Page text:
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When reading Bram Stoker's Dracula, the most interesting part of the novel, for me at least, takes place at the start of the story when Harker travels to Dracula's castle. There, he witnesses many supernatural events that he struggles to understand. After all, Harker is a model Englishman, and he has put his faith in the Enlightenment's gambit that all things answer to a rational mind. However, what if the guiding light of that age is mistaken? How can the Enlightenment account for Dracula, who proceeds to follow Harker back to London? It's as though Stoker has chosen to invade the heart of the Enlightenment values with this supernatural symbol. Can Van Helsing and his careful, rational, studies overcome this supernatural monster? The attraction of the supernatural in this case is that it invites us to consider some of our most deeply held values. What if we have put our trust in the wrong things?
It seems that in terms of Gothic literature, Mary Shelley really got the ball rolling with Frankenstein. However, her intent was not to breathe new life into a genre begun earlier with The Castle of Ontranto from 1764. Mary kept the company of her husband Percy as well as Lord Byron, and was in the company of great writers in her home growing up. Byron, Shelley and Keats were Romantic writers of English literature, and greatly influenced by medieval romances. A key element to these earlier forms of literature was magic (or the supernatural).
I think that people are often drawn by what lives outside of the realm of "natural." It cause excitement, provides previously unthought of possibilities, and allows for a place where anything can happen.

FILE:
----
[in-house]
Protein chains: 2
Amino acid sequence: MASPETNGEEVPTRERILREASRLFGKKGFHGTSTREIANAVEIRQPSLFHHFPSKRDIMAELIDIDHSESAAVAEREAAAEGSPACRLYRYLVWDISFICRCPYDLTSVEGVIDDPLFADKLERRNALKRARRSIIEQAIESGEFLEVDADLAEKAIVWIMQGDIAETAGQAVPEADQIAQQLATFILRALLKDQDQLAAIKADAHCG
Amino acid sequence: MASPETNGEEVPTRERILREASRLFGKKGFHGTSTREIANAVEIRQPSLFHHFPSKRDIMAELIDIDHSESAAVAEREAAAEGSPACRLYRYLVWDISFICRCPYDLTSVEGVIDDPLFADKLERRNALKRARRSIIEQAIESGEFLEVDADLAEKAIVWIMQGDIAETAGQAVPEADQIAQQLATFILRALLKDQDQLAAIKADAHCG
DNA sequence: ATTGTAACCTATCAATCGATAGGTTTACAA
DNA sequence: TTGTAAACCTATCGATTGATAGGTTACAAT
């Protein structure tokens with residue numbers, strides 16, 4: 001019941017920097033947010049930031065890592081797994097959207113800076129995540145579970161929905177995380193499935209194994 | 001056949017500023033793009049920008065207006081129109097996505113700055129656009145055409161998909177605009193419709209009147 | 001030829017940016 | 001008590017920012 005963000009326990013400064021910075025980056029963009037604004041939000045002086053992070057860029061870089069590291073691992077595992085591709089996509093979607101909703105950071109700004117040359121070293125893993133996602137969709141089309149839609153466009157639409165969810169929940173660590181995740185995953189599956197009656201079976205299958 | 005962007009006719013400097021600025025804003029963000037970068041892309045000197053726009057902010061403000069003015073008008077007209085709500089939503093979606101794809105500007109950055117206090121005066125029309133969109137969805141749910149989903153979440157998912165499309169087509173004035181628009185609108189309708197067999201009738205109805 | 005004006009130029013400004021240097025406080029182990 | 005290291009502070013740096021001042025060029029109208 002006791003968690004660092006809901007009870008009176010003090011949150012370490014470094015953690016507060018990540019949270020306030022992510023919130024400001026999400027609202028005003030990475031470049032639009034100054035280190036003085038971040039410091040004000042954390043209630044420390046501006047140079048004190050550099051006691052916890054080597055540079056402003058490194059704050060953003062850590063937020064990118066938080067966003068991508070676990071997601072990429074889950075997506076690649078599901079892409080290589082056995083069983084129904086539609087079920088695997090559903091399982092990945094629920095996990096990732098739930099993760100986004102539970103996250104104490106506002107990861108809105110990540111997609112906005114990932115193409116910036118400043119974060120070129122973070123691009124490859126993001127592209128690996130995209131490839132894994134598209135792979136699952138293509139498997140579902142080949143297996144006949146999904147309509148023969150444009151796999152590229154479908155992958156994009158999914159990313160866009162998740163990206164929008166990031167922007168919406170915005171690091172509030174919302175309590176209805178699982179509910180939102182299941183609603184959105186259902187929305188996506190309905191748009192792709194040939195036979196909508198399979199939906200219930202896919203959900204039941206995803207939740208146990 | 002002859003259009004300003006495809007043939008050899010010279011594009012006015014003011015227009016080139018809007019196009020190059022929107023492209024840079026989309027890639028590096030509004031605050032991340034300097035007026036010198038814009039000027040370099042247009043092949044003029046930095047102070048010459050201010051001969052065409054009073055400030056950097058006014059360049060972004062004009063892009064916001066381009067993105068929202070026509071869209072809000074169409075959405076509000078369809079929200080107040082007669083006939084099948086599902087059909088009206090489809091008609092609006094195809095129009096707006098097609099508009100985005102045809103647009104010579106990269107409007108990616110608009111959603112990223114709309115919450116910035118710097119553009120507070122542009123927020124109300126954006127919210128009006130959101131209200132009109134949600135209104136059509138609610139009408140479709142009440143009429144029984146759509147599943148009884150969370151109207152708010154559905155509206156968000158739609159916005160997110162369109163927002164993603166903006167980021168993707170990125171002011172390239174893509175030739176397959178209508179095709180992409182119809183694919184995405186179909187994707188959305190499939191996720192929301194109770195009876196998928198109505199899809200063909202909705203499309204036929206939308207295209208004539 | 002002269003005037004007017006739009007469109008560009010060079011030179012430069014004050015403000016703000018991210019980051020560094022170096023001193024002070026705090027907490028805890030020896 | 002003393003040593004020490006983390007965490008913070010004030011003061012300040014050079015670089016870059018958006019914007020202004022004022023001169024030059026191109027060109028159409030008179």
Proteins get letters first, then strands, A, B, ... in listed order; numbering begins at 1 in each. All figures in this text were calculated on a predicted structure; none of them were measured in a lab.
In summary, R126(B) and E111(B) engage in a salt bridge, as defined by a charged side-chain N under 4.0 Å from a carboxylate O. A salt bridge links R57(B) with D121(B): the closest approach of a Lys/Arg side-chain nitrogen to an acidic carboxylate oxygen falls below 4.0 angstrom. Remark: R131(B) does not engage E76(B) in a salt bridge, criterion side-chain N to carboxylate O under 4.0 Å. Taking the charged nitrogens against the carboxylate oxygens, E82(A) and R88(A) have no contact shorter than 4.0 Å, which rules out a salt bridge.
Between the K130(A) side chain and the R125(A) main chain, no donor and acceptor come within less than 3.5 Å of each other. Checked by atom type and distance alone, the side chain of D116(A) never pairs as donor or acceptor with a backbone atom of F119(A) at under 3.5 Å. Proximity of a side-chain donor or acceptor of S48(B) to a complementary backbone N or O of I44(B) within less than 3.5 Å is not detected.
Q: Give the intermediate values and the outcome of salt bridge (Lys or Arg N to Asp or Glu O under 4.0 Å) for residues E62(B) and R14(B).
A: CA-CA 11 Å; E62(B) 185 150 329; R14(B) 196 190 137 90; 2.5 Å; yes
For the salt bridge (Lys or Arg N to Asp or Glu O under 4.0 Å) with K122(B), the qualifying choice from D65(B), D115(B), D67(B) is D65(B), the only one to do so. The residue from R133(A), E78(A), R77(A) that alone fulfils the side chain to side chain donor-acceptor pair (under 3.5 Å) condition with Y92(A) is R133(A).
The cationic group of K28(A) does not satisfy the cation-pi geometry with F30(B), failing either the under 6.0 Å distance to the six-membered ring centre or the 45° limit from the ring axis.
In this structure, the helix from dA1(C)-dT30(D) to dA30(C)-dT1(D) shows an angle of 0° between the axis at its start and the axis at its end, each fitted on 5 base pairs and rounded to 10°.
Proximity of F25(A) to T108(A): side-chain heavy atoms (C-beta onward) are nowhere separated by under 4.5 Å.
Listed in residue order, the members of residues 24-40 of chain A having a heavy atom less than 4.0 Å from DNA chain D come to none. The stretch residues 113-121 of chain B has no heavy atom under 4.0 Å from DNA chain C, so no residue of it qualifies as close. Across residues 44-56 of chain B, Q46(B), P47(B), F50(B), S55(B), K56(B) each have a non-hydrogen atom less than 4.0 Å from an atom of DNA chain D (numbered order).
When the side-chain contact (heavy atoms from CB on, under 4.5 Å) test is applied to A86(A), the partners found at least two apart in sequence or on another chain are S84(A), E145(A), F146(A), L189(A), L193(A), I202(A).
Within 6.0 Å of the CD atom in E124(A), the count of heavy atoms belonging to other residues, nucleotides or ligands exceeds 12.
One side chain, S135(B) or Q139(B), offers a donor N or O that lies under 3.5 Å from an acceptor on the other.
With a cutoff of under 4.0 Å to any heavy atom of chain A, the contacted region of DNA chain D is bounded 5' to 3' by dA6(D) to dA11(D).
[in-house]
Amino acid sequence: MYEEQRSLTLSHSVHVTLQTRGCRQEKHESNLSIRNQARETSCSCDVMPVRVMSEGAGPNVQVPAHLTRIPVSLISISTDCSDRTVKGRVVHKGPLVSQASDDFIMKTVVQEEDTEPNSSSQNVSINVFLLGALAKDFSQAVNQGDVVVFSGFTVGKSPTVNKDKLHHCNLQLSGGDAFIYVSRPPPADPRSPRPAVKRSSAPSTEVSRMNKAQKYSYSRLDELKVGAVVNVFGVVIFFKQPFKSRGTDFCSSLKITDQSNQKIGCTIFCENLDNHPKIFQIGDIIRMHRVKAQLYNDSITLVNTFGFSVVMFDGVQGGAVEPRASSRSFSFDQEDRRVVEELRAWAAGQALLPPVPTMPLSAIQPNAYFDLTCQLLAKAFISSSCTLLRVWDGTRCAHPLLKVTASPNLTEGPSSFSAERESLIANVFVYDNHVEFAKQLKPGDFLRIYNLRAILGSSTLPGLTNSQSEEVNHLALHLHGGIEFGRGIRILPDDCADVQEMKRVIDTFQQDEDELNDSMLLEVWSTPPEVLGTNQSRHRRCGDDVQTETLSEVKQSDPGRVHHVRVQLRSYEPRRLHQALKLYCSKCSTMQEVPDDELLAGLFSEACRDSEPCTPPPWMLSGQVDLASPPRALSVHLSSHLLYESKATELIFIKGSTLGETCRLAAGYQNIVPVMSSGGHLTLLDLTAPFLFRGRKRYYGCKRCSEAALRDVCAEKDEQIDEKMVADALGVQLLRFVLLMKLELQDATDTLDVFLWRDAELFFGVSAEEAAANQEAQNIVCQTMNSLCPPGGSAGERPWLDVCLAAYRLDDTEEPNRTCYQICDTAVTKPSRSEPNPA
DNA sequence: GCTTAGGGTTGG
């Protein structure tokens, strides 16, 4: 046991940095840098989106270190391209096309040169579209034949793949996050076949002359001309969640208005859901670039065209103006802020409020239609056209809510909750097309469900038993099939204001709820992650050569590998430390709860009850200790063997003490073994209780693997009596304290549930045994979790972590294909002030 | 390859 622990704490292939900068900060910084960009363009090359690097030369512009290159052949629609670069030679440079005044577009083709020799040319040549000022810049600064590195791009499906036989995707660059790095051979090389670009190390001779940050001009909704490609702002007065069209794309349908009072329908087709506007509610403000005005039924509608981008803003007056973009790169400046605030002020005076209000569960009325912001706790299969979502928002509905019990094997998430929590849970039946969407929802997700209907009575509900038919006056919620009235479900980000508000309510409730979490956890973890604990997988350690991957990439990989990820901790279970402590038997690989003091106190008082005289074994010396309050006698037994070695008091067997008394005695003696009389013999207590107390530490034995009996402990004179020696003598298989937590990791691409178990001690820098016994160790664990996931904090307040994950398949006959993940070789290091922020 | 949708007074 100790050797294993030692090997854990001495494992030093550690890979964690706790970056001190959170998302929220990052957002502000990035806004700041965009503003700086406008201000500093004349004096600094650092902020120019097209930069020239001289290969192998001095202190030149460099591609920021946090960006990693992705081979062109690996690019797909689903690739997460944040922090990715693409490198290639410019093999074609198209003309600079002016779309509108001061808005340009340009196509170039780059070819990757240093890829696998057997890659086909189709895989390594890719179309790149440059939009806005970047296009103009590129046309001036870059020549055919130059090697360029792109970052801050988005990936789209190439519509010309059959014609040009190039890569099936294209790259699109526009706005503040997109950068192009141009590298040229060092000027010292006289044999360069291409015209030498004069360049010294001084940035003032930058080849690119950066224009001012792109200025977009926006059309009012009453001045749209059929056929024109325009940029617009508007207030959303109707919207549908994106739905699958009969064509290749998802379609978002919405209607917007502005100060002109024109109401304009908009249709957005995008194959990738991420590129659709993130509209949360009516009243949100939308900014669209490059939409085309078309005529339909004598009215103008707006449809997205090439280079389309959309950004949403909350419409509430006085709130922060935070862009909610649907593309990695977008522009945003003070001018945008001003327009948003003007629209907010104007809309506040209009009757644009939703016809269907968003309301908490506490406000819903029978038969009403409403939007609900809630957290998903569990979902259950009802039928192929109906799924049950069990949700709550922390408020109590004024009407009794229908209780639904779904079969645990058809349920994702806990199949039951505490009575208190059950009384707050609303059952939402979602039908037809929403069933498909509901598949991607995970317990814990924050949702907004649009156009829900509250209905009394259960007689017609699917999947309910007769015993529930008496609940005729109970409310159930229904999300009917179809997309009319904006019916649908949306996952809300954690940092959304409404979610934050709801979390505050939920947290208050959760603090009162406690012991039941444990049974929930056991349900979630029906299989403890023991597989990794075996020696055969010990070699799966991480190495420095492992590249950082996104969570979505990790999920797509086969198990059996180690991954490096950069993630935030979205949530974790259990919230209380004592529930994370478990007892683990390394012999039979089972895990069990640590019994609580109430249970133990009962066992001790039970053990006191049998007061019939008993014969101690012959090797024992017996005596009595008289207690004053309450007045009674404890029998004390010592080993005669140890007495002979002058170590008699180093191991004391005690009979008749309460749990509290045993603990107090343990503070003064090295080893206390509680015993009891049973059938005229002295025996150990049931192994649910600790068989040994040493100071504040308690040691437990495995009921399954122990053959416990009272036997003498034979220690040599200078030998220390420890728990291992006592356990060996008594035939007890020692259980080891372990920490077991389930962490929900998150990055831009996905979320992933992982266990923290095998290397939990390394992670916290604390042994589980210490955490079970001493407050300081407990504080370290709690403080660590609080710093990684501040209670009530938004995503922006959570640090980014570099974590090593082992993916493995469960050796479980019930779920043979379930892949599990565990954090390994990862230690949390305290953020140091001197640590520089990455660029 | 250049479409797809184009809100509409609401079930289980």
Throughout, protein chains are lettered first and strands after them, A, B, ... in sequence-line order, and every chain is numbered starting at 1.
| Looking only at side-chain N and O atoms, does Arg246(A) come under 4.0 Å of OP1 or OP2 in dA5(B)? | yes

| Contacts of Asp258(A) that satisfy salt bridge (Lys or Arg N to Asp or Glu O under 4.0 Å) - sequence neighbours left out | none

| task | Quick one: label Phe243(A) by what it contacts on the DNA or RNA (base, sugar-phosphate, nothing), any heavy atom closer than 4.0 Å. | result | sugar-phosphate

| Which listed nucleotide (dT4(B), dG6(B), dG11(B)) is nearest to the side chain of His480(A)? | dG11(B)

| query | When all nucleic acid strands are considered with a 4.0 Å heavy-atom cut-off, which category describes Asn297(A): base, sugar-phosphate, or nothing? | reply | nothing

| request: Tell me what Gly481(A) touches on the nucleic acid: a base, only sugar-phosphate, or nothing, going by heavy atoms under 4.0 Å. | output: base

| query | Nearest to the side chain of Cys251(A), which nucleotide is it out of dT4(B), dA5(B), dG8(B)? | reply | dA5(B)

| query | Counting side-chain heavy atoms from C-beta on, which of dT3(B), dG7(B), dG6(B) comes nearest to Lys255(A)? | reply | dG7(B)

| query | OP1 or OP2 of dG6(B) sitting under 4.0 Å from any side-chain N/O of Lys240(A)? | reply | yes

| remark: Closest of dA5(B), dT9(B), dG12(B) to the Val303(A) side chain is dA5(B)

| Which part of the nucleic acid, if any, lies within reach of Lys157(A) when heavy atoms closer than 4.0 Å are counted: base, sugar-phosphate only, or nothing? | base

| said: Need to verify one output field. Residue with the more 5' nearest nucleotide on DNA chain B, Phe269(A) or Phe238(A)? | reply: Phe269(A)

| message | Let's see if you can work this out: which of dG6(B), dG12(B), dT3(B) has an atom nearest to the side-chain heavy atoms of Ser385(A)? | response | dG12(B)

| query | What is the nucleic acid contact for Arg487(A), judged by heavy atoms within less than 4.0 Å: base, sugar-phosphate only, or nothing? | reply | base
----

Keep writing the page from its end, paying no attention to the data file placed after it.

If we think back to the stories we "cut our teeth on" when we were children, many of us remember fairytales. And Disney has revived princes, princesses, and wicked witches or wizards, bringing them to the forefront of classic children's stories (and movies) today. Perhaps it brings back to us a time when we were free—even encouraged—to use our imaginations.
The possibilities in these stories are endless: but we are especially captivated by the spells and magic powers of the good and evil, the flying carpets, and the ability to fly. Even the Harry Potter books do this, and though originally intended for an adolescent, have come to appeal just as must to adults.
It's the "stuff that dreams are made of," and I think it appeals because we look outside the normal world to excite our imaginations and feel more alive. However, in these contained environments (books, movies, etc.), we don't need to be afraid, either.
Excellent point about the blurring of lines that the preternatural and supernatural construct! The unknown, the unexpected, is always frighteningly exciting and intriguing, especially whenever "the pasteboard mask," as Herman Melville said, is removed and the preternatural forces enter into the mundane and mortal.